During my residency, on the ob rotation, there was a baby born on the night shift and promptly named Daquan-Demetrius (two-part first name). What prompts people to do this?

The same people who name their sons Precious and SirRoderick.

I'm in HR and both of these young men have applied for roles within our company.

And Precious? He's HUGE. 6'4"ish, 300 lbs, if he's an ounce.

Nice guy though.

144 posted on 11/12/2010 5:19:07 PM PST by RikaStrom (Pray for Obama - Psalm 109:8 "Let his days be few; and let another take his place of leadership.")
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To: brytlea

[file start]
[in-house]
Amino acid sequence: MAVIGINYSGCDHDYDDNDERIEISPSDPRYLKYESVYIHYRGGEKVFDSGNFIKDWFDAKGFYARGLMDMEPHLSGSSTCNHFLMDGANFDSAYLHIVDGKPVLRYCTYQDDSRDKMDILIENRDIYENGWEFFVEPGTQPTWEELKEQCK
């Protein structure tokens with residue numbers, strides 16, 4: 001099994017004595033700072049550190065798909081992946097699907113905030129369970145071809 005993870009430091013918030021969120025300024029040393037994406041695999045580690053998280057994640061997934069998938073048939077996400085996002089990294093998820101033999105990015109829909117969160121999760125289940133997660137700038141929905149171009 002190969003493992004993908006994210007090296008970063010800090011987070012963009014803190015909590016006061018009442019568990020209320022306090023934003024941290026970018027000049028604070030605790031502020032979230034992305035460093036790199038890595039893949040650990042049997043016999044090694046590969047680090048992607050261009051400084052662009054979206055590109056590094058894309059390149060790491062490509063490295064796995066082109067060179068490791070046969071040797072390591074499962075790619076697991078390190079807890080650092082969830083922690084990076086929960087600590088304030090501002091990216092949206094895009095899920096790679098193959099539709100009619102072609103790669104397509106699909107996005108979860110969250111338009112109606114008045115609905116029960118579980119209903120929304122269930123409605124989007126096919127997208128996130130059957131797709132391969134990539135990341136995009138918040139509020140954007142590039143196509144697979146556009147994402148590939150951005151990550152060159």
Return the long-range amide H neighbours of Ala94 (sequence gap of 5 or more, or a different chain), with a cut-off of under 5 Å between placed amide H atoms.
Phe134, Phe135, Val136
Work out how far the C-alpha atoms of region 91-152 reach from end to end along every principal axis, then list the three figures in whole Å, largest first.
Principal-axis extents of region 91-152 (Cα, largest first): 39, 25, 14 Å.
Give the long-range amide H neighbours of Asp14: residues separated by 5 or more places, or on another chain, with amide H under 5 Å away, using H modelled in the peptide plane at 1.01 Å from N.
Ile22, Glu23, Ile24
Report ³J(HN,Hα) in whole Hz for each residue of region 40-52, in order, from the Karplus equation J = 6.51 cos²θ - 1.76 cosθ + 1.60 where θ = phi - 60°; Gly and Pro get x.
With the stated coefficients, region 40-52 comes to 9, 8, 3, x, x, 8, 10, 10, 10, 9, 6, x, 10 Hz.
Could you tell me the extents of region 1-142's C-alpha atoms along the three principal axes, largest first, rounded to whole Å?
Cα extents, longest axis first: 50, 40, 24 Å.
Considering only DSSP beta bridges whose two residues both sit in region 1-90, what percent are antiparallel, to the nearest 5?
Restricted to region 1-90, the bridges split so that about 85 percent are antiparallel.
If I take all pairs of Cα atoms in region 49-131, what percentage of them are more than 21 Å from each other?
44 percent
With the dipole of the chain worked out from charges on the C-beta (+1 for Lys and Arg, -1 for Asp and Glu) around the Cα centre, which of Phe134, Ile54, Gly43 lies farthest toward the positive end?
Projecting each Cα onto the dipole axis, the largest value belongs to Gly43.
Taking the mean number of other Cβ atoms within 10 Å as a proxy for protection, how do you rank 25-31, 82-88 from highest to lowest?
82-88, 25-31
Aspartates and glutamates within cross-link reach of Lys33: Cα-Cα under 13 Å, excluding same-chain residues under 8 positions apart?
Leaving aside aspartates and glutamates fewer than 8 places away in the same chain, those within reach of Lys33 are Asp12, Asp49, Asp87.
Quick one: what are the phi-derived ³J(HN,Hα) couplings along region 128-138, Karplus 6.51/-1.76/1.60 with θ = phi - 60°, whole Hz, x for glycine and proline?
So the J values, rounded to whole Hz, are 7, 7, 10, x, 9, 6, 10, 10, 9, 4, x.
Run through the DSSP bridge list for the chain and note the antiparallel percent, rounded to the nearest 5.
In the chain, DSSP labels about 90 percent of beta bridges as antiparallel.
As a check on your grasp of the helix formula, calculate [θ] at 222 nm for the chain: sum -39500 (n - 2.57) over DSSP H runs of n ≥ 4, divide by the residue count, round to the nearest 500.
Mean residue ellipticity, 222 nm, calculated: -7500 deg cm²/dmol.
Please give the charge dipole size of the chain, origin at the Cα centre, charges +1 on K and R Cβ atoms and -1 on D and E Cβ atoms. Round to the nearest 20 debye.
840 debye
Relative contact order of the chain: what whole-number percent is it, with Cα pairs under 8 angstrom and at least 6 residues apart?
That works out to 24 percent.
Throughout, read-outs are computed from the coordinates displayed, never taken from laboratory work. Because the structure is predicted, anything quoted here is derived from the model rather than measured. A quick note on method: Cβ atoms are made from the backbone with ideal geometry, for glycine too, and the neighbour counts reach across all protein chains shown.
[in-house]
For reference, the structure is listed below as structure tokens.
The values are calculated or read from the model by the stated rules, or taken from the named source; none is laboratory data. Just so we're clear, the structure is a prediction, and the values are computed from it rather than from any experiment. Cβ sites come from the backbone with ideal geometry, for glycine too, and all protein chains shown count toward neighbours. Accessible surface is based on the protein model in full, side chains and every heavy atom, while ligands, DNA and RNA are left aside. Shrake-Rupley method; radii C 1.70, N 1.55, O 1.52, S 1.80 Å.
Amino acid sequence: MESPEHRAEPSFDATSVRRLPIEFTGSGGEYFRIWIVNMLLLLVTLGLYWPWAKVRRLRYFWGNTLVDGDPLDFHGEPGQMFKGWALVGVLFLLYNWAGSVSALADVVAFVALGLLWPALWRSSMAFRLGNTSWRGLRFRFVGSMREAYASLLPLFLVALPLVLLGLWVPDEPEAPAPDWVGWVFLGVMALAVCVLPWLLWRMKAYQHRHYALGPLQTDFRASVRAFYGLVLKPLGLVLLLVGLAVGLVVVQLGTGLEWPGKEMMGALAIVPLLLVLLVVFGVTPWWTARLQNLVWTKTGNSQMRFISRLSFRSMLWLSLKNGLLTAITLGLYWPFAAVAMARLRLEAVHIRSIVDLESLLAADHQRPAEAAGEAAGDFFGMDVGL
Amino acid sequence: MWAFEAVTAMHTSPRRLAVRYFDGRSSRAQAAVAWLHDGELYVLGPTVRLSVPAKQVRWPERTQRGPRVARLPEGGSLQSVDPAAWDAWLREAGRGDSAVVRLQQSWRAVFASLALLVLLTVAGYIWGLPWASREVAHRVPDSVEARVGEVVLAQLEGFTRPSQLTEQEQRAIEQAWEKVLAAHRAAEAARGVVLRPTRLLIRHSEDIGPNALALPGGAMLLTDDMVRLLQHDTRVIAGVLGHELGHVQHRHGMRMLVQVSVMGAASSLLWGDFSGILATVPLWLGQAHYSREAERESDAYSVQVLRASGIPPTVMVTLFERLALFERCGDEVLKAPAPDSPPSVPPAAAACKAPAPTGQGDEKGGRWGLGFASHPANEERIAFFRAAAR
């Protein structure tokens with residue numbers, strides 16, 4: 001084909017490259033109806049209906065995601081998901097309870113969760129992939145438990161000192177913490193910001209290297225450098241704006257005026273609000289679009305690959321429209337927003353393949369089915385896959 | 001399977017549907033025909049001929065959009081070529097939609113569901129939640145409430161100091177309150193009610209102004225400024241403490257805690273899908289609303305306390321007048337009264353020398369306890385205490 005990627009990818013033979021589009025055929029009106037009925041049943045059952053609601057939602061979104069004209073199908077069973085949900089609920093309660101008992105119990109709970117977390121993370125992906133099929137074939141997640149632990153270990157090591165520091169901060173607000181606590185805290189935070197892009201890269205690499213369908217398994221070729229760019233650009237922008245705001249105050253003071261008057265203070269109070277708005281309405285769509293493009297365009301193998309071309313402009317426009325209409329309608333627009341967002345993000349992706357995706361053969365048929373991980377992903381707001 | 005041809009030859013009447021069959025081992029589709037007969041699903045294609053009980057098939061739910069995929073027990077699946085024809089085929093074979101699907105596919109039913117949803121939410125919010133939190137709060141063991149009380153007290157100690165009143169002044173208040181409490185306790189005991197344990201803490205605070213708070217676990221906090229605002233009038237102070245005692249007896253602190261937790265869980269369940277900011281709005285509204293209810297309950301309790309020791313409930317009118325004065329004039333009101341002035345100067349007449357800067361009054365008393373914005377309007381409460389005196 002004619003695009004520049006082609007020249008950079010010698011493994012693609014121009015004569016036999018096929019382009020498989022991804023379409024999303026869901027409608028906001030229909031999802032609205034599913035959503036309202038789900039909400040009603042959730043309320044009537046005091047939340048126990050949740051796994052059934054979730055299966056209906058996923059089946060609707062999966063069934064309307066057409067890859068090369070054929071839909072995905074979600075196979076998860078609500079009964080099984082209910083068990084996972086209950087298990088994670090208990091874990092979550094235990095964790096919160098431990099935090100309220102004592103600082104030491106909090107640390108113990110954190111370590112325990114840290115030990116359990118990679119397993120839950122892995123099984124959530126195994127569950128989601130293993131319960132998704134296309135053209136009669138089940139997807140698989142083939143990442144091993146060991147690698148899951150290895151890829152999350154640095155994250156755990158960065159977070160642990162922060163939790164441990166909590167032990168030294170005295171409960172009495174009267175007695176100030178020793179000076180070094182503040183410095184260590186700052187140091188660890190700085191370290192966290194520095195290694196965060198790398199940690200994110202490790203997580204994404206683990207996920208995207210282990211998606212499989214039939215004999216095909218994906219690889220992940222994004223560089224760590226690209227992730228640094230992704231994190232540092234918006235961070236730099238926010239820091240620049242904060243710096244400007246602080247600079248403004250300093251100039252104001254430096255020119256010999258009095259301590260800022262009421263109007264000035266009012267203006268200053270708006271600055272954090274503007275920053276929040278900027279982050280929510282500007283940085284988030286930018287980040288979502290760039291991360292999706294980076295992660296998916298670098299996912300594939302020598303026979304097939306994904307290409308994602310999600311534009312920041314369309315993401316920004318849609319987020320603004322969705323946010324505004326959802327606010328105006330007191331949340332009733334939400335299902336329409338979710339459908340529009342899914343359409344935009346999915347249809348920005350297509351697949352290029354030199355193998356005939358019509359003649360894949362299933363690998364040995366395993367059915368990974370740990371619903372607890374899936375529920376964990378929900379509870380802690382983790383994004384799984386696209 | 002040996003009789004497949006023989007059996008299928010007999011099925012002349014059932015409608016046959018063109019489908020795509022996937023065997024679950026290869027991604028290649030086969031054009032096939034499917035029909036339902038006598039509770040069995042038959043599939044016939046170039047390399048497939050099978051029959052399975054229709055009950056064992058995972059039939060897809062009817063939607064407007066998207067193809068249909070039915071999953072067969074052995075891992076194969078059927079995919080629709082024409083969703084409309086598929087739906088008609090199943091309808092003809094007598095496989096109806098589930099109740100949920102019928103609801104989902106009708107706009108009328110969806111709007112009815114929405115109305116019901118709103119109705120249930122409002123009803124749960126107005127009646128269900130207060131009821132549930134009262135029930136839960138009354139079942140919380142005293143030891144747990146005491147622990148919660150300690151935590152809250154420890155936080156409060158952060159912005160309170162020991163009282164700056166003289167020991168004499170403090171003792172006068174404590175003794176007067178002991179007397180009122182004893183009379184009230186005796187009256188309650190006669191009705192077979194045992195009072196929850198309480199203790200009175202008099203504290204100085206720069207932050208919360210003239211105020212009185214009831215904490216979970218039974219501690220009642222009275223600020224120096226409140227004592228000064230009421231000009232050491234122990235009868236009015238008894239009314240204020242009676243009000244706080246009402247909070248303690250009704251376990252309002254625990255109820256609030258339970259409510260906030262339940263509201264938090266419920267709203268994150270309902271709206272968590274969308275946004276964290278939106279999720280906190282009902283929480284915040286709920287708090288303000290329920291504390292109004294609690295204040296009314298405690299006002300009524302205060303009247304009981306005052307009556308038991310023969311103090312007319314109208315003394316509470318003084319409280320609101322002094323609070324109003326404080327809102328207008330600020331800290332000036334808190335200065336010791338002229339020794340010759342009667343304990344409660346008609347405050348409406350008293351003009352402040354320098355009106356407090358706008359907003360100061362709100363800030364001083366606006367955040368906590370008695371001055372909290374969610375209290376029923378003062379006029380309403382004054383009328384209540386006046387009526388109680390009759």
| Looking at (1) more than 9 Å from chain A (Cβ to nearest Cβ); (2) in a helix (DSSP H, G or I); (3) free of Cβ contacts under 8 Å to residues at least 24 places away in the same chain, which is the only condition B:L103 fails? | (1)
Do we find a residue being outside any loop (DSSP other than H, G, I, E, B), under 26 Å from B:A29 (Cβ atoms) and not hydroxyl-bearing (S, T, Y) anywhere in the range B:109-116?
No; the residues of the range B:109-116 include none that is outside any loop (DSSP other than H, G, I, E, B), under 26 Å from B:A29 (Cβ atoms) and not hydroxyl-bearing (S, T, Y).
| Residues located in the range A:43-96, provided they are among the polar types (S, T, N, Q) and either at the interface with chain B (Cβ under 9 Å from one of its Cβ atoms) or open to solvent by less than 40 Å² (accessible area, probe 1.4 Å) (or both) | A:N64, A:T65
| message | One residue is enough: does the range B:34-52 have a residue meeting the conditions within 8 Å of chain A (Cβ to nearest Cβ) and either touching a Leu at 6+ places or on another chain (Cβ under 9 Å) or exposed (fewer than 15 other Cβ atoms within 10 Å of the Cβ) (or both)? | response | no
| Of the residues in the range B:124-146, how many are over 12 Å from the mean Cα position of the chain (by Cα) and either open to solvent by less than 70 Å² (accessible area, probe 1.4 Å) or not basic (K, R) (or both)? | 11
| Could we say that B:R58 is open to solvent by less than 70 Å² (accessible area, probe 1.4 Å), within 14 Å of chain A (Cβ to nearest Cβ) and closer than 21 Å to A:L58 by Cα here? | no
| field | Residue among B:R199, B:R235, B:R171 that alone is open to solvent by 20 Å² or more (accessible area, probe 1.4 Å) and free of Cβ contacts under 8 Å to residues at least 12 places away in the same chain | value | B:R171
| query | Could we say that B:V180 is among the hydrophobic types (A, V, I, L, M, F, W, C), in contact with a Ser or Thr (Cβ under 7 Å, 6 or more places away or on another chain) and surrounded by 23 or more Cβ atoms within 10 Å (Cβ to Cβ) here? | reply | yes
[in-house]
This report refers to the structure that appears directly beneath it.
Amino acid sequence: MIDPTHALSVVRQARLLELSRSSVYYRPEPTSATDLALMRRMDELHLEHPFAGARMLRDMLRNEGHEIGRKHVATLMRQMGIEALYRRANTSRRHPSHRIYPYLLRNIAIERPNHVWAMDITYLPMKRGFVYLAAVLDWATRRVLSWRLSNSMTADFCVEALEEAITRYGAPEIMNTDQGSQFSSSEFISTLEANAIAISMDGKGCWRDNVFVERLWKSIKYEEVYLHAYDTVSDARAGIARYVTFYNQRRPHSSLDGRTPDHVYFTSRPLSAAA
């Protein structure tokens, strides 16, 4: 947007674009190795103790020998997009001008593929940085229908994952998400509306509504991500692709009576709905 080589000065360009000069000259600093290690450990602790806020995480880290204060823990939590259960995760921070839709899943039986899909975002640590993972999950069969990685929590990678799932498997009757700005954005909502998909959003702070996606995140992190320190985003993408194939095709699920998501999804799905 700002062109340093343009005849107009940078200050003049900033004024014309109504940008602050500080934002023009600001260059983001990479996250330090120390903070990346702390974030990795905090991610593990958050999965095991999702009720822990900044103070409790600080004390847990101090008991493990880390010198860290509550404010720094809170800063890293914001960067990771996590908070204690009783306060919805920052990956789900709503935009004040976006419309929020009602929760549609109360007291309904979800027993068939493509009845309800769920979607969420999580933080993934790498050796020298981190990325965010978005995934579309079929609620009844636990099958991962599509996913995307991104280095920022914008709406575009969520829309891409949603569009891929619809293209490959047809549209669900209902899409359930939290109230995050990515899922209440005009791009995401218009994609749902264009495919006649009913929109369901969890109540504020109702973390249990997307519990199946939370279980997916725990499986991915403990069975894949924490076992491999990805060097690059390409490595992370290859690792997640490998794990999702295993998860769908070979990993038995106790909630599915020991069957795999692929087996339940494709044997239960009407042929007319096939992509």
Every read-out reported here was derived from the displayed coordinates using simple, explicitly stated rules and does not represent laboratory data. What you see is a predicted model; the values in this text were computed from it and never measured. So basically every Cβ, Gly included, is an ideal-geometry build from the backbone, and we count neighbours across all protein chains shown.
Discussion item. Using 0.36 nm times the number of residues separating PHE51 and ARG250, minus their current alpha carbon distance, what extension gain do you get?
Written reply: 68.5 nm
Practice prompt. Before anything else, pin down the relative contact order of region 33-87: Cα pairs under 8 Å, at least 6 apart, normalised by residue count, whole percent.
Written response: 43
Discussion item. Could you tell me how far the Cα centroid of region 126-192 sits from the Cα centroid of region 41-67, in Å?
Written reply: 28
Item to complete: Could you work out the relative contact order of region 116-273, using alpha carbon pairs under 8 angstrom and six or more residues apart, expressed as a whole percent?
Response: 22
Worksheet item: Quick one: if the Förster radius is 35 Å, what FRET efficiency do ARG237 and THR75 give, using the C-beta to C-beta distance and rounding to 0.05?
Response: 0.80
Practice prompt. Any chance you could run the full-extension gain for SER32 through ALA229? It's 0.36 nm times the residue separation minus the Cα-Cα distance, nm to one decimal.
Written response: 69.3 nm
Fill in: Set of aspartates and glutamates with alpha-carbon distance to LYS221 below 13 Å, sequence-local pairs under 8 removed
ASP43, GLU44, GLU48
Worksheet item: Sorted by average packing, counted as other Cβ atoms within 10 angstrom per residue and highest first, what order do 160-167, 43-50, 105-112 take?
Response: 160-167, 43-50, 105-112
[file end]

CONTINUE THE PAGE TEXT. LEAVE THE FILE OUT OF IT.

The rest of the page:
Oh the Jrs aren't too bad, it's when you get into the IVs that things get interesting.

In my extended family we have 4 Felix Fenton (last name redacted) and 4 Felix Fenton (other last name redacted)

Each of the IVs decided NOT to do a V.

One of my cousins (several times removed) was an astronaut. This was back in 1983, before he was going up on a mission, we had 7 of the 8 Felix Fenton's in one room, I called out to my 1st cousin Felix IV and I had all 7 turn to look at me. OY, it was funny! :-)

145 posted on 11/12/2010 5:27:24 PM PST by RikaStrom (Pray for Obama - Psalm 109:8 "Let his days be few; and let another take his place of leadership.")
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To: RikaStrom

LOL
The Juniors I’ve known have all been fine with it. Im sure there are people who dislike their names no matter what they are, and if someone has a real issue, they can legally change it.